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Treasury CS Yatani warns of uncertain economic future as COVID rages on

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Kenya’s road to economic recovery still hangs in the balance due to uncertainty around the COVID-19 virus, delays in vaccination programmes, increasing debt levels and rising inflationary pressures.

With the slow pace in the inoculation process, emergence of variants, increasing debt levels and rising inflationary pressures, Treasury Cabinet Secretary Ukur Yatan expressed concerns that Kenya still has a long way to go.

However, due to global measures put in place, Kenya is still hopeful of rising from the economic ashes it has experienced in the last one year, but will take time.

On the domestic front, the prospects for Kenya’s economic recovery will center on the progress of the vaccination effort, macroeconomic stability and implementation of the projects under the “big four plan.”

“We remain hopeful that our economy will rebound to above 6.0 percent over the medium-term from a growth of 0.6% in 2020,” said CS Yatani.

Yattani spoke during the launch of the financial year 2022/23 and medium-term budget preparation process.

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He said the government would prioritize healthcare, private sector, ICT, manufacturing, tourism and transport among the projects to ensure the country’s swift economic recovery.

“In the next three financial years, we shall therefore be pursuing an investment-led economic recovery strategy (ERS) that will focus on restoring the economy to a strong growth path, creating jobs and economic opportunities across all regions of the country with a view to tackling social and income inequalities.”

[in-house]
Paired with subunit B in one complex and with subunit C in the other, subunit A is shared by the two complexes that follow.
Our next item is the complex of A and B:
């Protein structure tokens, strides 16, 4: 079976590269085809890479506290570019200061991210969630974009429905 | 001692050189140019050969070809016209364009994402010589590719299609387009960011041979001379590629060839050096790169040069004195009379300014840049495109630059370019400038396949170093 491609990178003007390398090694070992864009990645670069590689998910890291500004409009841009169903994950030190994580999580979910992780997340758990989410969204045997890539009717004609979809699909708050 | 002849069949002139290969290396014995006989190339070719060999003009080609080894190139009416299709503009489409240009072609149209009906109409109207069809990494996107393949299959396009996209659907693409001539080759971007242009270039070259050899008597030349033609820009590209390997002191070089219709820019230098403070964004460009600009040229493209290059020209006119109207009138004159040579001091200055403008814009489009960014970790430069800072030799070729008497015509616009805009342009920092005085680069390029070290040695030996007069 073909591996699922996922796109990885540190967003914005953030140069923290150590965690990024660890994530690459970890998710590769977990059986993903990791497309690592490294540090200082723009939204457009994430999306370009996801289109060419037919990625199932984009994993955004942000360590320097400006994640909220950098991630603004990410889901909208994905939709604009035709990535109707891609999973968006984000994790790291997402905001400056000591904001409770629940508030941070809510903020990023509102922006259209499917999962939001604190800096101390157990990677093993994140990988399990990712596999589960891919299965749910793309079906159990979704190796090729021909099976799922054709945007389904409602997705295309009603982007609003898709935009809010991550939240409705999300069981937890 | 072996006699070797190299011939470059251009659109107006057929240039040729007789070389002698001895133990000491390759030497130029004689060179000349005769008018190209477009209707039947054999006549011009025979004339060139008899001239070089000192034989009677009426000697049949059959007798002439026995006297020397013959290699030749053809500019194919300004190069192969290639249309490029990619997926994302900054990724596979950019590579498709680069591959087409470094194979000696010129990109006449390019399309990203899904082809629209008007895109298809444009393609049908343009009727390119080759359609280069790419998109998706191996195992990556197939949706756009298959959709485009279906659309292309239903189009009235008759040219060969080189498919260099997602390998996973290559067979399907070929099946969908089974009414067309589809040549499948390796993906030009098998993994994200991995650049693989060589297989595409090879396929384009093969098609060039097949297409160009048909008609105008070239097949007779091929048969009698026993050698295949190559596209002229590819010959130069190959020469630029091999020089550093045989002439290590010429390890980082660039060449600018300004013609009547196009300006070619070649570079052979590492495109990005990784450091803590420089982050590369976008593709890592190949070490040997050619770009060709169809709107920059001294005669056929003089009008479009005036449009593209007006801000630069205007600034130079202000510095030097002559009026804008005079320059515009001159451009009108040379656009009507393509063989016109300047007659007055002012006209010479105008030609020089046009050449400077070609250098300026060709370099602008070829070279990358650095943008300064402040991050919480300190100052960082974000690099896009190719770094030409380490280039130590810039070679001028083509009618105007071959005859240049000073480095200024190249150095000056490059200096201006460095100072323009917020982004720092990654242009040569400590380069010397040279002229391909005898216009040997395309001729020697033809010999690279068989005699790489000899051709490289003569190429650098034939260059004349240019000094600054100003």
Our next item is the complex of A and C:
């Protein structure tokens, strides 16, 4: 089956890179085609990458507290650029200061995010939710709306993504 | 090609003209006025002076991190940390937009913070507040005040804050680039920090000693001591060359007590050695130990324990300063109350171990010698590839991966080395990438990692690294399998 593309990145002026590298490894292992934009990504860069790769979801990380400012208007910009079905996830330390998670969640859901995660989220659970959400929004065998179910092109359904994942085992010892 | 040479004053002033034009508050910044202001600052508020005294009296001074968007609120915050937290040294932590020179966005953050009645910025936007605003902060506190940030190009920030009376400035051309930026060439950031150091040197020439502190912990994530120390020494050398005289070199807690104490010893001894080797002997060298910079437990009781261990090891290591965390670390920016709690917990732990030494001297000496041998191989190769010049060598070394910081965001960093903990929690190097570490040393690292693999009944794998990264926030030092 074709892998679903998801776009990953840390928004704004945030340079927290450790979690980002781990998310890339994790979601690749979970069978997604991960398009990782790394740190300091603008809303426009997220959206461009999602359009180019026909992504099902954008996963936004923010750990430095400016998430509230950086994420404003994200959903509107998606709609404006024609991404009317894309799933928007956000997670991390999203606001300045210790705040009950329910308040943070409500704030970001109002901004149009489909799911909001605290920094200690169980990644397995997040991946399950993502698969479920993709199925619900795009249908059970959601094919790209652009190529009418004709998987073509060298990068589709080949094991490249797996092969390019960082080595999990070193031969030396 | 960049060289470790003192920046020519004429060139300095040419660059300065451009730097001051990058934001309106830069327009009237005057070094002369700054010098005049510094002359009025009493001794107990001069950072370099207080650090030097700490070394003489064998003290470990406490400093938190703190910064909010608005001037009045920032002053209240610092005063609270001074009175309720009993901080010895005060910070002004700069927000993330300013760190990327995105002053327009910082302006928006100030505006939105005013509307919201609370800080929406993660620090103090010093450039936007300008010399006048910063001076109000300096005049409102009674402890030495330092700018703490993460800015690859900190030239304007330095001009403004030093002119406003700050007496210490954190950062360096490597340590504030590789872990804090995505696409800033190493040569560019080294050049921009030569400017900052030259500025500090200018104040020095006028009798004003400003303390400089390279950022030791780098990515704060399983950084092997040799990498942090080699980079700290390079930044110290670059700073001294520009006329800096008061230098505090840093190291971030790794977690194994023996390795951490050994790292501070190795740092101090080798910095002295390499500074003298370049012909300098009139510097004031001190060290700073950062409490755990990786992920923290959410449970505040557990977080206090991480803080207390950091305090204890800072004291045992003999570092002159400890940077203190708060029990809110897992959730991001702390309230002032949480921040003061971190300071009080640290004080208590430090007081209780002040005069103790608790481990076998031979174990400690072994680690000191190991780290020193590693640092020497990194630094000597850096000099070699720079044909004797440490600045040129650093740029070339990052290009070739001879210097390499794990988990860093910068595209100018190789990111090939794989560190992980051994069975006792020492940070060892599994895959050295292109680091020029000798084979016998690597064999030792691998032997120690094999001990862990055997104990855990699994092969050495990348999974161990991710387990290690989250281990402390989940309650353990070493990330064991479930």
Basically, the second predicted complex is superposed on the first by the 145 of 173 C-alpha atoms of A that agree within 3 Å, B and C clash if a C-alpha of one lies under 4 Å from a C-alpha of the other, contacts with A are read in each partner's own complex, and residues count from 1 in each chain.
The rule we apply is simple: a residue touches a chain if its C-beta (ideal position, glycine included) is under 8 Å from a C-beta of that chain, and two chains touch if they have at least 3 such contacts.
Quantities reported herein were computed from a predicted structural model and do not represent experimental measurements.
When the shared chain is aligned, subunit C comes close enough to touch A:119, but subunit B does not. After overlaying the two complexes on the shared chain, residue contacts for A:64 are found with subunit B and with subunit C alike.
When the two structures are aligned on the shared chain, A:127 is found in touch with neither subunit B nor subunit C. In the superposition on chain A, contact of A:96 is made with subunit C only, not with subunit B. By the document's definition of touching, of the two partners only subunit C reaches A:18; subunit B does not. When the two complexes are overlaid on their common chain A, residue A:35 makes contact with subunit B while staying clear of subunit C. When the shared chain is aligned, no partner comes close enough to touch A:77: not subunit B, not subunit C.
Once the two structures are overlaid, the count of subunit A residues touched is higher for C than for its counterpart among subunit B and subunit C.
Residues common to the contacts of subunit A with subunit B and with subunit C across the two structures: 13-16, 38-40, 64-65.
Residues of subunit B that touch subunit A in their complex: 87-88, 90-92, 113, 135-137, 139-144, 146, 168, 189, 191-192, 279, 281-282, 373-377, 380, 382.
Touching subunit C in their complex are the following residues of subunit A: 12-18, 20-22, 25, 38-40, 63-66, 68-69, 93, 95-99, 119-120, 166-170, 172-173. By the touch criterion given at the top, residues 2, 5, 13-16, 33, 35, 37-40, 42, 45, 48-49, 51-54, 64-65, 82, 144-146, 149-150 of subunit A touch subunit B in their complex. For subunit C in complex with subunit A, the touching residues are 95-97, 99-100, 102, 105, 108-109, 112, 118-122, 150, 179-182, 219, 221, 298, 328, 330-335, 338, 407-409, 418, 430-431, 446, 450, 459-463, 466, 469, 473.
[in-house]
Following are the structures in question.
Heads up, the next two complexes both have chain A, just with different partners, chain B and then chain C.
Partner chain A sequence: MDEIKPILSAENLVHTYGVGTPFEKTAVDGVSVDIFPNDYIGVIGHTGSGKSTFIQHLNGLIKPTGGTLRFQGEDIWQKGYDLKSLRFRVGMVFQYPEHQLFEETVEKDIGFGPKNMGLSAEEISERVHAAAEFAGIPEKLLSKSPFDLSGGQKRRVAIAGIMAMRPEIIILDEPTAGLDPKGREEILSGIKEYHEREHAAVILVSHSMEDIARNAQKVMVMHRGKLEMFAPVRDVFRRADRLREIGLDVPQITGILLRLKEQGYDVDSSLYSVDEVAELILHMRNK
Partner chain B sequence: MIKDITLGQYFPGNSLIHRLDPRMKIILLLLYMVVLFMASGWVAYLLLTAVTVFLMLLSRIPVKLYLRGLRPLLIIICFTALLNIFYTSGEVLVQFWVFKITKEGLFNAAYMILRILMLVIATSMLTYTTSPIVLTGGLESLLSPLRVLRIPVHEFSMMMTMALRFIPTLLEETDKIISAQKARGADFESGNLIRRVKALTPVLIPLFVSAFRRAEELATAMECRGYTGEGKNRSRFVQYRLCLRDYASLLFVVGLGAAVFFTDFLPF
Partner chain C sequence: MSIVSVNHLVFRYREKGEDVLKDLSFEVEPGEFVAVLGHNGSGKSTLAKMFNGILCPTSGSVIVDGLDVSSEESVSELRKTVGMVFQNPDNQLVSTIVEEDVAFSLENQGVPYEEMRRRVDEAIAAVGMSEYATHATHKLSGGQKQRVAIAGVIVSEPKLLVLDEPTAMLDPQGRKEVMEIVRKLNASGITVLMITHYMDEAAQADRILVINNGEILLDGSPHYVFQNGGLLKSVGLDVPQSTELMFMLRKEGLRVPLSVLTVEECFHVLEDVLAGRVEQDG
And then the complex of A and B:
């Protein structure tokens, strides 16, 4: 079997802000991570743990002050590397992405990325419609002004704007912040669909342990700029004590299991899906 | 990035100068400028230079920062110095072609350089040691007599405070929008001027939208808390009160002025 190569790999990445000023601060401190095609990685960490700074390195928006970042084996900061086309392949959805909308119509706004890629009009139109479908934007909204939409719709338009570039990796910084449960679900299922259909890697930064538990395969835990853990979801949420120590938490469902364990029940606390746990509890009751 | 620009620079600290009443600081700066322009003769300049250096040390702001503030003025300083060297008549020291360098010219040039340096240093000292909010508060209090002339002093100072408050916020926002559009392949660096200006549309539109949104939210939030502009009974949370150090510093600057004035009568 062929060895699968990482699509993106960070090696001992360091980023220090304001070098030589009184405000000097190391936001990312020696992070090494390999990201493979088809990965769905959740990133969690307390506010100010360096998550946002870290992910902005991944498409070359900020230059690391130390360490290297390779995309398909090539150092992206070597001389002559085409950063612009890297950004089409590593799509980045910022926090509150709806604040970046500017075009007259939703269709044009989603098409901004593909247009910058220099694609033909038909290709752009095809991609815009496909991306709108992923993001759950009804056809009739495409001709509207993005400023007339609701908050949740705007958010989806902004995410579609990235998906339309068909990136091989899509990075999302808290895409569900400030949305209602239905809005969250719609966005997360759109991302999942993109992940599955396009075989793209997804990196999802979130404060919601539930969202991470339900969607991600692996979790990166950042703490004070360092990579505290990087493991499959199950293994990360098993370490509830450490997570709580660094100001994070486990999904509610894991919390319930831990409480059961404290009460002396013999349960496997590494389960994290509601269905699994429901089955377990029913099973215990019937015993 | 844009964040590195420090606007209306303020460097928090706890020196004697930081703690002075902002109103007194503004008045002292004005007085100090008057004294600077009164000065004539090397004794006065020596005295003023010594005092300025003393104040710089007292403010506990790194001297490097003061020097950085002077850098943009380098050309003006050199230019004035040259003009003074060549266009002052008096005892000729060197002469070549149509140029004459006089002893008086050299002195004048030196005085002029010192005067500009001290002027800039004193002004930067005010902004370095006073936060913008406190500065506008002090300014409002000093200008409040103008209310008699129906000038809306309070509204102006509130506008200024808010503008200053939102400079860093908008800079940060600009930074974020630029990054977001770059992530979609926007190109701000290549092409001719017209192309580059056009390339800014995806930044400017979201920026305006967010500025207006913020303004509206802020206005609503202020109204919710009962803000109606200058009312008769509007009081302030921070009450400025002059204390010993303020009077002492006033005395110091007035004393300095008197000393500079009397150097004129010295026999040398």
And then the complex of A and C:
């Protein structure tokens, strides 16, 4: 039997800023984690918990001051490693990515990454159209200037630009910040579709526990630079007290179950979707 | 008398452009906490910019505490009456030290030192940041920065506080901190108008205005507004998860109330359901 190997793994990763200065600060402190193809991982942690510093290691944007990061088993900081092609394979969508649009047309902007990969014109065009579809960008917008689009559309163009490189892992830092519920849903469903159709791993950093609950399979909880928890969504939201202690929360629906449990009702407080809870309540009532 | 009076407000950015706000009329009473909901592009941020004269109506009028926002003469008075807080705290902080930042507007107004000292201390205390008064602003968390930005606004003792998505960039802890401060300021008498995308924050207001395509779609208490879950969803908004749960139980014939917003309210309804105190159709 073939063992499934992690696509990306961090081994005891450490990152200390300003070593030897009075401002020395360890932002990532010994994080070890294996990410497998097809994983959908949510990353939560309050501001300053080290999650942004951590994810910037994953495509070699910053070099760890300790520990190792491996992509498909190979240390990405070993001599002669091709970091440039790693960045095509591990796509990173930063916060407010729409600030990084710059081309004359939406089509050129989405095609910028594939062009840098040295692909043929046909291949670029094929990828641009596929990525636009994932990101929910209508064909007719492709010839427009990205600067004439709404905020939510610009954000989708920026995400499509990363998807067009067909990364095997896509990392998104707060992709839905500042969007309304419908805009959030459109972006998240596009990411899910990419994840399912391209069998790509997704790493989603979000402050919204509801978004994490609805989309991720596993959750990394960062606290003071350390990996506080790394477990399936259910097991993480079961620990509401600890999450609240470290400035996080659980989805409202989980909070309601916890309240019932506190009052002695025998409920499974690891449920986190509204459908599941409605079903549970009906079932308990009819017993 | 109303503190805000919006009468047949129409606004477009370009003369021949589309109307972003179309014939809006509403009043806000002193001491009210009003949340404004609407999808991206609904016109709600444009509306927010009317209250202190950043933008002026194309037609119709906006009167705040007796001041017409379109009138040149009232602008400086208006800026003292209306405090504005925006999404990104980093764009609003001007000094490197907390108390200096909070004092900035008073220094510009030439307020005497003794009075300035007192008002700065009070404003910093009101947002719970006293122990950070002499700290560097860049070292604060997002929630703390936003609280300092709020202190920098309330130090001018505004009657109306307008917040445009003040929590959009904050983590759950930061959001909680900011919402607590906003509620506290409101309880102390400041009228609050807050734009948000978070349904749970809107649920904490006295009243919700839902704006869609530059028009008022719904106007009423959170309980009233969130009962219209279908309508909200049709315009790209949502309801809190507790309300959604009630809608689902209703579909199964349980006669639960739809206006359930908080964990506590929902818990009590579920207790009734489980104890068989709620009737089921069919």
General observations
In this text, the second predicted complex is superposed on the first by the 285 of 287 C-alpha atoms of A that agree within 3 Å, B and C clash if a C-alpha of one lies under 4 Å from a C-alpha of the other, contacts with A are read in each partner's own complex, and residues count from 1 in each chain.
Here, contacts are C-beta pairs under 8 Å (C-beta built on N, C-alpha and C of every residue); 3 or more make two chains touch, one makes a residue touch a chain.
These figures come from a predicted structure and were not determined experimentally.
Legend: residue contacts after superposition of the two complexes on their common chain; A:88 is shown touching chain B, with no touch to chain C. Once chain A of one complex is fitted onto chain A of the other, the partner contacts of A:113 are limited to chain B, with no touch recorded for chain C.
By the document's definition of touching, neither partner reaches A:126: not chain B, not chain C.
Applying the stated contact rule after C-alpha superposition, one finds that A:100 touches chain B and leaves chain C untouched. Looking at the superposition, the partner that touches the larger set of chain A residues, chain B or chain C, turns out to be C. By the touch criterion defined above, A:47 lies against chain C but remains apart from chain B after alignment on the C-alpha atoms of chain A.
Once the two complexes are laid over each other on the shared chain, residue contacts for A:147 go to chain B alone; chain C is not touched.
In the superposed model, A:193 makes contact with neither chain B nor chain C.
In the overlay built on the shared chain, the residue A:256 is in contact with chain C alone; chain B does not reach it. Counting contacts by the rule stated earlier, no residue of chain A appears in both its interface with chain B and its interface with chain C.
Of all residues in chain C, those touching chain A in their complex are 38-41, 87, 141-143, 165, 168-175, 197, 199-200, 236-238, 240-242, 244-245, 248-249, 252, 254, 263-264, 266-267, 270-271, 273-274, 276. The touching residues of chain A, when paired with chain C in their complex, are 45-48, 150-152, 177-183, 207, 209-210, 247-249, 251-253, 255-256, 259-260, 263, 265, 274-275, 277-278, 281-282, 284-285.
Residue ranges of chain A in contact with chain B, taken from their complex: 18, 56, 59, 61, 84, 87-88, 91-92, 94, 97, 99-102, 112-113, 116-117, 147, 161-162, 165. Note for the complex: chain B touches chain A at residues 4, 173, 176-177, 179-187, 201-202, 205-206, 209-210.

With Kenya’s debt hitting a historic Ksh.7.71 trillion, Yatani further called on the elimination of wasteful expenditures, a position shared by the budget and appropriation committee Chairman Kanini Kega.

“We’ve said it before but because of the challenges of COVID, some of these measures we’ve not been able to meet but this time, we are very optimistic that we want to contain expenditure to reasonable levels so that we don’t not put pressure on the budget process.”

“I hope the sector working groups will developer a criteria of sharing the available resources in this light all public resources should be allocated to programs and projects that are responsive to the needs of our citizens and that have an impact on our economy.”

With the next year’s polls beckoning, coupled with the effects of the pandemic, the government is cautiously approaching the electioneering period to avert a possible economic downturn.

“Our country is not going anywhere and our people are not going anywhere. Wherever they are they have lives to live beyond elections and therefore we have a unique opportunity to transcend beyond this election as not only united but also making sure that our economy is not affected in any way.”

The sector working groups will now review their sector budget performance for the last three years before making and presenting their estimates that are to be presented to the ministry by January 15, 2022.

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